For me, the main strength of this novel is the panoply of characters who make Himmel Street it’s dynamic, intriguing and entertaining self. In the Hubermann household there is Papa, arguably the novel’s hero, an accordion-playing, story-telling, mischievous paternal charmer who teaches young Liesel to read during secretive 3am visits to her bedroom and thus revealing to her the power and beauty of literature and language, all the while bearing the brunt of his wife’s foul mouth. The cantankerous Mrs Hubermann is a woman with a big mouth but a bigger heart and despite the incessant train of Saumensch, Arschloch, and Saukerls which steam 100 miles per hour from her choppers, she never fails in her unwavering support and love for her family (often provided in the form of watery soups). Leisel’s acquires a lemon-haired local friend, Rudy, who adds the zest of youth with his passionate love of life which on many occasions leads to bouts of charming humour (in one such incident, he paints himself in mud and races down the local track in imitation of hero Jesse Owens, a stunt not appreciated by Aryan-idealising Nazi-supporting locals). These characters, plus a host of others including Max Vandenburg, Isla Hermann and Alex Steiner, give the street its great variety. But collectively what ties this eccentric gang together is essentially their innate humanity. Through his microscopic inspection of Molching, Zusak drills home the emotional complexities of human relationships and demonstrates that, despite being fooled by a man with a moustache, these people were human and such people must have existed among the dreadful monster that emerged from Germany between 1939 and 1945.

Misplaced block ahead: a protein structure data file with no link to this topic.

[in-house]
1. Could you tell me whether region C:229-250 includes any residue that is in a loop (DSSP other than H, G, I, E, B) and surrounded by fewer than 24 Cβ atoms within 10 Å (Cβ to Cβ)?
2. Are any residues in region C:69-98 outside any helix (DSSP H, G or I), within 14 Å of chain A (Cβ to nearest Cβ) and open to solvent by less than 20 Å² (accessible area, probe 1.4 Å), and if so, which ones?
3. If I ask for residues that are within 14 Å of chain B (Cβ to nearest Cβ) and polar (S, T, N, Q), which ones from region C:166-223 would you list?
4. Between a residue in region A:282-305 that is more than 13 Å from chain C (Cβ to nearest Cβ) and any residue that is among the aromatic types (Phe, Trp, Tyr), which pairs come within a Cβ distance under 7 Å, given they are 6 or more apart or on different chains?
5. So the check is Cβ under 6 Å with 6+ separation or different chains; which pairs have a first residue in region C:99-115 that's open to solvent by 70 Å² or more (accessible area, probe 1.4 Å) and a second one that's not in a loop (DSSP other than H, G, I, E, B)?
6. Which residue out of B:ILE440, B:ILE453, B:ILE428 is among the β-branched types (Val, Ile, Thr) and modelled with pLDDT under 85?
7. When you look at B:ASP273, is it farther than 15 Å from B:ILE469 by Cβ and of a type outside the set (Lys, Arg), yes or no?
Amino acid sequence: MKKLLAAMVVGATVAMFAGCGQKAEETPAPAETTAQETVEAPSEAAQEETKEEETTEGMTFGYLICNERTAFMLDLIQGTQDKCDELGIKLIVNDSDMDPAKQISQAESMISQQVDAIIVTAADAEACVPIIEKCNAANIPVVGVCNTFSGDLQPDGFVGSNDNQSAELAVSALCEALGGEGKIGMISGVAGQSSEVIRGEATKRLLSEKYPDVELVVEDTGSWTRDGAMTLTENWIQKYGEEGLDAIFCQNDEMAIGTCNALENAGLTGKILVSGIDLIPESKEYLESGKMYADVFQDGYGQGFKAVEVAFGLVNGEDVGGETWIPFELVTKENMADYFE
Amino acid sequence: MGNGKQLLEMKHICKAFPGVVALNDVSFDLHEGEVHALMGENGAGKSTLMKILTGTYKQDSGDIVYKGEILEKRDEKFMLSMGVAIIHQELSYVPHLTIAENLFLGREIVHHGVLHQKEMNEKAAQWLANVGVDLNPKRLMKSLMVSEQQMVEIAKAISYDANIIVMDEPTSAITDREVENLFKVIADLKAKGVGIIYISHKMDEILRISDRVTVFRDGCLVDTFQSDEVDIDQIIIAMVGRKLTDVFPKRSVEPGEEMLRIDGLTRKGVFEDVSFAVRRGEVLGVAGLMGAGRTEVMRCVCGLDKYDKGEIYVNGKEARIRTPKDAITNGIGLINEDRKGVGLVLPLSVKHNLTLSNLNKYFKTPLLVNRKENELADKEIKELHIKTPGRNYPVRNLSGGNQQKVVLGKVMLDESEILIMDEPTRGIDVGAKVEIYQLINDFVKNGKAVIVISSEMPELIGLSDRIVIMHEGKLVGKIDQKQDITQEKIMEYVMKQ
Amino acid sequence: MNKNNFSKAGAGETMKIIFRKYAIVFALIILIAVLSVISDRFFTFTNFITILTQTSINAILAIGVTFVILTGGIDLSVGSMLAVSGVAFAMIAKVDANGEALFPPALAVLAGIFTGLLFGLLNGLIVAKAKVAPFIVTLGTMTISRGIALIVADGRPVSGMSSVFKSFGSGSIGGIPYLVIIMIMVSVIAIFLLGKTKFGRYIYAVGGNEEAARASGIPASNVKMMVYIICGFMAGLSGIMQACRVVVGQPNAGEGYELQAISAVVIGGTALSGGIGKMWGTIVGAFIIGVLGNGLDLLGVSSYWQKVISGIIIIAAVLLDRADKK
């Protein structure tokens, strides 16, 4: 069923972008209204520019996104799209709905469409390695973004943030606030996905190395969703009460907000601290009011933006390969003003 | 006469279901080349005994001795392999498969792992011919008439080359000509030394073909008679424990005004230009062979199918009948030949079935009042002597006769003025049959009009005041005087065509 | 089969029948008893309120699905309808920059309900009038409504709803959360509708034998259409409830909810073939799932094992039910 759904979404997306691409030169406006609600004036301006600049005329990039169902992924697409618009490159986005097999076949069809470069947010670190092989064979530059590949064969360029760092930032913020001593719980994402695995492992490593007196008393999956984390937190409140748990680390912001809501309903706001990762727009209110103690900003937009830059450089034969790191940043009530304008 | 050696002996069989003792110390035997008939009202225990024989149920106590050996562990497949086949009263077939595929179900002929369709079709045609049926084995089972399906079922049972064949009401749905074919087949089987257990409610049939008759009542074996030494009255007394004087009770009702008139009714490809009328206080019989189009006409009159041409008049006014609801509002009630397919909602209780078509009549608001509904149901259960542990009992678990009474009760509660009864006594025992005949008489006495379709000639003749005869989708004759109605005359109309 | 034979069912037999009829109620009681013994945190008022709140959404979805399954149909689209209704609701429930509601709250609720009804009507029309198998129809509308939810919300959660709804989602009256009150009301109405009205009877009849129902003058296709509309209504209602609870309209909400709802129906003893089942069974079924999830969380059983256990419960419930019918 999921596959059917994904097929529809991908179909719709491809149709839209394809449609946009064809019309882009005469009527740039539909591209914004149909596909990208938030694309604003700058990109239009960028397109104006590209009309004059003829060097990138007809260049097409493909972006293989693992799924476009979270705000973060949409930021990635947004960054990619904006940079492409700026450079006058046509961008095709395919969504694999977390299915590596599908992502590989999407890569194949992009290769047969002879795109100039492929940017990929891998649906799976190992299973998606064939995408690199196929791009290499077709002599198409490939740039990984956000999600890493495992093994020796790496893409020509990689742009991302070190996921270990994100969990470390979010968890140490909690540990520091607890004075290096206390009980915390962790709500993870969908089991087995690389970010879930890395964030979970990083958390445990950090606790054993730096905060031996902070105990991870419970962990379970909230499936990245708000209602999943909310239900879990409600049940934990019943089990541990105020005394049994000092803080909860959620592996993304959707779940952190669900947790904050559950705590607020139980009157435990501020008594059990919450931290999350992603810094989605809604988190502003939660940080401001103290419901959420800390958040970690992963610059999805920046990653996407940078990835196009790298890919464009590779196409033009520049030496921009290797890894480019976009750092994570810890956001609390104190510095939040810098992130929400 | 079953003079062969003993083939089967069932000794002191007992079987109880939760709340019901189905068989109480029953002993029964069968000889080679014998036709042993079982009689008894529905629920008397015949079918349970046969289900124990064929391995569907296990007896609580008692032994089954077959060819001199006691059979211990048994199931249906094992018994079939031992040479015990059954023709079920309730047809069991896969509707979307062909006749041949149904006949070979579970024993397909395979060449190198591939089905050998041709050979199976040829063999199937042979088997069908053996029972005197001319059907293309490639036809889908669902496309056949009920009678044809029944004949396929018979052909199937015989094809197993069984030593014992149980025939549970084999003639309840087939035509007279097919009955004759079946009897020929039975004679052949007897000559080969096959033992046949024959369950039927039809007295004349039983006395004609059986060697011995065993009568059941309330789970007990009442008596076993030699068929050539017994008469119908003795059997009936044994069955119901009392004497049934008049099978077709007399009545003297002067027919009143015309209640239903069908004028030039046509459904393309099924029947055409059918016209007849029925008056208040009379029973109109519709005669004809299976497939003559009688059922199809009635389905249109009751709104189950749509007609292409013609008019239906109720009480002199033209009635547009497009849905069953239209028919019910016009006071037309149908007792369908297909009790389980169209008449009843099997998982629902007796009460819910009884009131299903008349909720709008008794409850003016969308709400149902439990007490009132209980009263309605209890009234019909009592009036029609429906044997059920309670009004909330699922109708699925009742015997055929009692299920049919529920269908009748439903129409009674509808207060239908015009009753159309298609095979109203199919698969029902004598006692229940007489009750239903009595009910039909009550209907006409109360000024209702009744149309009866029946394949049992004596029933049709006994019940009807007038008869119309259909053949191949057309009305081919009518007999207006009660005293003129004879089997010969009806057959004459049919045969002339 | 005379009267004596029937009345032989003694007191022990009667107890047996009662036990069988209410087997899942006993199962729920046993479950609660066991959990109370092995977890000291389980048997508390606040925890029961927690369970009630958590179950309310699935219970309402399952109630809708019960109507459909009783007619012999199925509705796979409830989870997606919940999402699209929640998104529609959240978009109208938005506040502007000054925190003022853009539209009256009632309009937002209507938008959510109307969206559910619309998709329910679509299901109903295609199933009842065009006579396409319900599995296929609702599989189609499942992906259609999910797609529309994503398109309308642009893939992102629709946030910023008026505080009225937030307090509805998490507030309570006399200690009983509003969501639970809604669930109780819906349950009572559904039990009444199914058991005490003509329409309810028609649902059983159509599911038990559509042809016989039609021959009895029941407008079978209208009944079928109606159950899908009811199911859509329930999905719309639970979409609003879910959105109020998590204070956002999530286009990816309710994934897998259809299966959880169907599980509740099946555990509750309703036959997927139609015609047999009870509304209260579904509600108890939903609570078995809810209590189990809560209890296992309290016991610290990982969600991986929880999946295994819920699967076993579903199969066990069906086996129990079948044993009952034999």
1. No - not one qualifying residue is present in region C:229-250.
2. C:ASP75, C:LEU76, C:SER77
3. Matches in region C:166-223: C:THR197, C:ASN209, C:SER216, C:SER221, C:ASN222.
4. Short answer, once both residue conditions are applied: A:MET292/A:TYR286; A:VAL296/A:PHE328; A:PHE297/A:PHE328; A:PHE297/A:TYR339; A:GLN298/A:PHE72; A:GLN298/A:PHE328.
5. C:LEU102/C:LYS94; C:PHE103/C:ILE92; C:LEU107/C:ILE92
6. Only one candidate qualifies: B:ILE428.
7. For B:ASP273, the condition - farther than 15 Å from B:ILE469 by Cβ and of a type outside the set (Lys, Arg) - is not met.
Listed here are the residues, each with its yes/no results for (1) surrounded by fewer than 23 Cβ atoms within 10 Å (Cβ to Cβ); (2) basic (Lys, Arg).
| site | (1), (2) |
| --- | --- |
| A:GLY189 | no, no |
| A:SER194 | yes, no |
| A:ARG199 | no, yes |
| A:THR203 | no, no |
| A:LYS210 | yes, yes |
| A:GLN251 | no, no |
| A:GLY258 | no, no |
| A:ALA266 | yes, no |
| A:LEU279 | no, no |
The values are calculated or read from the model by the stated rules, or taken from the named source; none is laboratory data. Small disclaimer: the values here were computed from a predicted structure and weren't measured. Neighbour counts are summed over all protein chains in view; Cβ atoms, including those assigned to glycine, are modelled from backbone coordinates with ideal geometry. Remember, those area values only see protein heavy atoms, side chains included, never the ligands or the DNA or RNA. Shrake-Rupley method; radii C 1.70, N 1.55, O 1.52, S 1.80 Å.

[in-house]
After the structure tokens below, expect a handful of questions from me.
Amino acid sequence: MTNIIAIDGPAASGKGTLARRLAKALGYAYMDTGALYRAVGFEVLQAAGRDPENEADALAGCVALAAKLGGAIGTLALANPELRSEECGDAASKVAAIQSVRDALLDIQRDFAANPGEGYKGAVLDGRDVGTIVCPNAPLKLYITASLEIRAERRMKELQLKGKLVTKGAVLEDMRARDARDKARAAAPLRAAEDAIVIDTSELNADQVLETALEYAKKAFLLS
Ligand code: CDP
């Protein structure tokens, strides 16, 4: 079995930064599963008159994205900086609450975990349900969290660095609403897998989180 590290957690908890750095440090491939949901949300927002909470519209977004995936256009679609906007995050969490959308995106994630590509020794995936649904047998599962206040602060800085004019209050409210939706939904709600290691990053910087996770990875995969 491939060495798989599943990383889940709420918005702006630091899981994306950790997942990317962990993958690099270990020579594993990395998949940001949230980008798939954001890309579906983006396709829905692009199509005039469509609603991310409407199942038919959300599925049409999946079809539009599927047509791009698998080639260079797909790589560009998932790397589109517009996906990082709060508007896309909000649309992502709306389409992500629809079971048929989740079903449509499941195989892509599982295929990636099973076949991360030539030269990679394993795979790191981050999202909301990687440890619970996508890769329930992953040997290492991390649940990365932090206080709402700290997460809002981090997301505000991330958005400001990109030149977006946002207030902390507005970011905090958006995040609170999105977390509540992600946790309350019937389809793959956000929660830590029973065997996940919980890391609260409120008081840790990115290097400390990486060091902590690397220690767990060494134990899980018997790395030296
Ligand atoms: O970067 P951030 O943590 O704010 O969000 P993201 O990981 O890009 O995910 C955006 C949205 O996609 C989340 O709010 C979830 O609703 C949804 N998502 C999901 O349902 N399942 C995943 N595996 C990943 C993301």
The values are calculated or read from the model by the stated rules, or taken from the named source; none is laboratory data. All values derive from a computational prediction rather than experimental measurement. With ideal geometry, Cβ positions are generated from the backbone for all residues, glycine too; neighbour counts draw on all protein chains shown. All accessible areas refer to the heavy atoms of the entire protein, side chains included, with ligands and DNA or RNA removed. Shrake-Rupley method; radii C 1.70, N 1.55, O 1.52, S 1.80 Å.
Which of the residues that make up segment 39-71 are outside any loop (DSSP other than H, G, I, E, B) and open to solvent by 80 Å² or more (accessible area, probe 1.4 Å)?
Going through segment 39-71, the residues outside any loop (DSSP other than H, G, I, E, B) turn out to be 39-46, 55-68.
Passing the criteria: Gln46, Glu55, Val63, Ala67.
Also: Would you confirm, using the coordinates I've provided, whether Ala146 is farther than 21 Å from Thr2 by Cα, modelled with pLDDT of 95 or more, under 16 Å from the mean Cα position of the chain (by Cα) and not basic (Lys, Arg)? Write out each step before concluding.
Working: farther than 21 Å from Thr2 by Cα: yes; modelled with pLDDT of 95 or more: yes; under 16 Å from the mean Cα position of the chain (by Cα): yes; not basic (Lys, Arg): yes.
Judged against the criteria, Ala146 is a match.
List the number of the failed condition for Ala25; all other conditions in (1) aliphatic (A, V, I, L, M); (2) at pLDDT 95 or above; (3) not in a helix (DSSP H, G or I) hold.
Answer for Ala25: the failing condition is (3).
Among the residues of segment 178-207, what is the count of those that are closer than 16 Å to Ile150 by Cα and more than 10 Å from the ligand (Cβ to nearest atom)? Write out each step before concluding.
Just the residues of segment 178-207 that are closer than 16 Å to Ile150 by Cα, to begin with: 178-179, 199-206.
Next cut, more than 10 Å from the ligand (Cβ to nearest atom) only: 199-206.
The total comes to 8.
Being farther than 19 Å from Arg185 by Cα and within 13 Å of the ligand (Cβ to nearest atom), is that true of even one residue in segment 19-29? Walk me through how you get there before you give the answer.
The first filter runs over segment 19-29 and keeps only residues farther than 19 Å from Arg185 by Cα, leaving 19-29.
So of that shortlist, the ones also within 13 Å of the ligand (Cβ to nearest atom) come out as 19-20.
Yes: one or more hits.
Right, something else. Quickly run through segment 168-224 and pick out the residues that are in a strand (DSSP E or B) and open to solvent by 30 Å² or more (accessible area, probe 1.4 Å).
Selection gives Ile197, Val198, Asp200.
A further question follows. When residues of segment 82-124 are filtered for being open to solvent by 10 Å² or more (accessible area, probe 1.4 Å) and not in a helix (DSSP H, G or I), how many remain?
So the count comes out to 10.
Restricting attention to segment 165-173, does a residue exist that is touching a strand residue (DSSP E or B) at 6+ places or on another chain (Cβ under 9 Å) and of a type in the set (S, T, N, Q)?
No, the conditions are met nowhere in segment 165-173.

“Sometimes people are beautiful.